Solid perfumes do not contain alcohol and they are healthier than regular perfumes. Creating a solid perfume doesn’t have to be difficult. With just a few simple and natural ingredients you can make your own solid perfume with essential oils. Use this recipe as a base, adding your own custom scent. See the article above for information about blending essential oils.
Kristin Marr
Prep Time10 mins
Cook Time5 mins
Total Time15 mins
Course DIY
Cuisine Body
Servings 1 2-ounce jar

Equipment

  • small bowl
  • medium saucepan
  • small tin or you could use a recycled mint container

Ingredients

  • 1 TB carrier oil (14.5g)
  • 2 tsp beeswax pellets (6g)
  • 35-40 drops essential oil of choice: single essential oil, a blend of individual oils, or a pre-made blend (see article above for suggestions.

Instructions

  • Place a glass bowl (or glass measuring cup that's heat-safe, like this) on top of a saucepan partially filled with water over medium heat (this creates a DIY double boiler and keeps the wax and oil away from the direct heat). Place the oil and beeswax in the glass bowl, and allow the beeswax to fully melt (about 4-5 minutes). 
    how to make solid perfume
  • Carefully remove the bowl from the heat source, and stir the liquid. 
  • Pour the liquid into a storage container. I use a 2-ounce tin container or recycled mint/candy tin.
  • Once the liquid begins to cool (just a minute or two), add the essential oil(s) of choice. Gently stir the essential oils into the oil. Place the lid on the container to keep the essential oils from evaporating. 
  • Allow the perfume to solidify (just a few minutes) before use. Keep in mind, as the perfume matures, the fragrance will intensify. 

To Apply the Perfume:

  • Rub a clean finger across the top of the solid perfume. Apply the perfume to your wrists, neck, etc.. Repeat as needed. The perfume will keep for 6-12 months, depending on the carrier oil used (grapeseed: 6 months; sweet almond and jojoba: 12 months).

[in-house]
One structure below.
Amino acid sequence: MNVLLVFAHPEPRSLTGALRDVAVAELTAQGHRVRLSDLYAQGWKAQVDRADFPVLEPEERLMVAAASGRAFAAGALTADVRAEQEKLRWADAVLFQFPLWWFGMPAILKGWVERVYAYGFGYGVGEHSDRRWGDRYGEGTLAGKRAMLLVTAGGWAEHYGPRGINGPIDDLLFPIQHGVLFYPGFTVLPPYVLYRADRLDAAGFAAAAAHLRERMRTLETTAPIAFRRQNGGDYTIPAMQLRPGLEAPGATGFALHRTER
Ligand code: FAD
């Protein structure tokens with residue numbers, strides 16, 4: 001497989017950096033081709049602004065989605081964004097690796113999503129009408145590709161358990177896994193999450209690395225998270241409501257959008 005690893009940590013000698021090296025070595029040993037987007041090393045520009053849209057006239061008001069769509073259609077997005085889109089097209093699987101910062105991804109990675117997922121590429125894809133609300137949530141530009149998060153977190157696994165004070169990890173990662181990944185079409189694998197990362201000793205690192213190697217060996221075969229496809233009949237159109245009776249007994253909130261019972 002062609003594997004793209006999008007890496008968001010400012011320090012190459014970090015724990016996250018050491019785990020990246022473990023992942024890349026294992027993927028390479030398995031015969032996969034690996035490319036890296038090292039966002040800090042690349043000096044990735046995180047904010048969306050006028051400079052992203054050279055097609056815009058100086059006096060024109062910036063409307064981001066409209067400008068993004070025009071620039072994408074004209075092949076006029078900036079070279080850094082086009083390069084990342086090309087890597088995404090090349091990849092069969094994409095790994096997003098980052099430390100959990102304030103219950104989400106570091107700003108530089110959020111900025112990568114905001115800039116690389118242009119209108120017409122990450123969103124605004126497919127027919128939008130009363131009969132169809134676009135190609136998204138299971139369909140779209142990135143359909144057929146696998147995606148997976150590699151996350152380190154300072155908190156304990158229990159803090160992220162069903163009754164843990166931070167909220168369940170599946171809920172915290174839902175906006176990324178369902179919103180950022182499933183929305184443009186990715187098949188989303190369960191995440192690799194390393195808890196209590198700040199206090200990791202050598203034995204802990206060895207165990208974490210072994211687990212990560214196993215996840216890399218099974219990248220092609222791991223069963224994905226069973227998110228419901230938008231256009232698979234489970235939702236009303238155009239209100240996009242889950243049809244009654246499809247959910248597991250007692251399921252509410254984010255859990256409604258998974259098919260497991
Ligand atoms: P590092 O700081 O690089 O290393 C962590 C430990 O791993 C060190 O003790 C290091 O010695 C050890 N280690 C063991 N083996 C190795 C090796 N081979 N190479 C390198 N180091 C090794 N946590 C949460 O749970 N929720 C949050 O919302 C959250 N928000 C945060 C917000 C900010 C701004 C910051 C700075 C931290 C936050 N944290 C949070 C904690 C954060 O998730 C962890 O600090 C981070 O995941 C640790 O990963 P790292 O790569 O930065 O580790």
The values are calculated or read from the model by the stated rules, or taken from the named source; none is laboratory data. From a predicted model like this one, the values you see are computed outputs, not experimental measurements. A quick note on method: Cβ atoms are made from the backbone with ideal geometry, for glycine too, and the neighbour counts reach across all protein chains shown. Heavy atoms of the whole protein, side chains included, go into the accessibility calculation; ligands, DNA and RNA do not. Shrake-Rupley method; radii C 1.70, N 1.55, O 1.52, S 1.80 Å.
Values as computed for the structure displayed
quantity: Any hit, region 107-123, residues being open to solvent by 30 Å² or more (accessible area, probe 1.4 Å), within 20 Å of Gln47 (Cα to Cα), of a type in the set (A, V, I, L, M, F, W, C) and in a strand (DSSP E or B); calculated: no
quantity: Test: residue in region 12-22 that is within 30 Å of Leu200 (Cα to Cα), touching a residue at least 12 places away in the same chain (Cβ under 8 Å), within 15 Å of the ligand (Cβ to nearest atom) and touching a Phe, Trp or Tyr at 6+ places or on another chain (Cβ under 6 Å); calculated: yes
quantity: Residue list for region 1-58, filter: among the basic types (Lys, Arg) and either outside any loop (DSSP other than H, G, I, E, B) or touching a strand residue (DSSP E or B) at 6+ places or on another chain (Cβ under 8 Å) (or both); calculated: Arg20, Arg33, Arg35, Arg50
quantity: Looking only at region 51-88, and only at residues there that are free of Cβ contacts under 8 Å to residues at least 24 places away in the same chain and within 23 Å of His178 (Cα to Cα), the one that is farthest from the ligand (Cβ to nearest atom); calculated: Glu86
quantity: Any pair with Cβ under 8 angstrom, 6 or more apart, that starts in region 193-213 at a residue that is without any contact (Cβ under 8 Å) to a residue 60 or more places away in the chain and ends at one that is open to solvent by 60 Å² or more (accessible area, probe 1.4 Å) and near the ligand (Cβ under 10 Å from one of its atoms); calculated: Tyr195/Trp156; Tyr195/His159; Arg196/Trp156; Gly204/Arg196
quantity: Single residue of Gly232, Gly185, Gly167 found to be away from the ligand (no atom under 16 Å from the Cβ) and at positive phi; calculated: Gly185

Video

Tried this recipe?Let me know how it was!

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29 Comments

  1. 5 stars
    Help. I used to buy a solid perfume that everyone loves on me. It is Patchouli and Smoked Citrus. The company has gone out of business so I thought I would simply make my own. Any thoughts what the recipe would be? I can’t seem to come up with how to make the ‘smoked citrus’. orange is the base note but I am struggling with the ‘smoked’ access. Any help is much appreciated.

    1. Hi Scott,

      I’ve never tried to get a smoky smell from an essential oil. I would recommend googling “smoky essential oils”

      LS Team.

  2. .thank you Kristin! Looking forward to trying this. I have lots of trips coming up, I’m TSA Pre ✔️, but will be traveling out of the country & I’d like to carry as little of 3-1-1 items that I can ?

  3. When I tried to make one I just added 10 drops of essential oil after fews hrs my solid perfume is not too oily its too hard that you cannot put it on my wrist. Is that because I just added few drops of essential oil?

  4. I tried it but i dont know what went wronh because its hard not too oily so when I tried to apply on my wrist theres no oil.. Do I need to put more oil?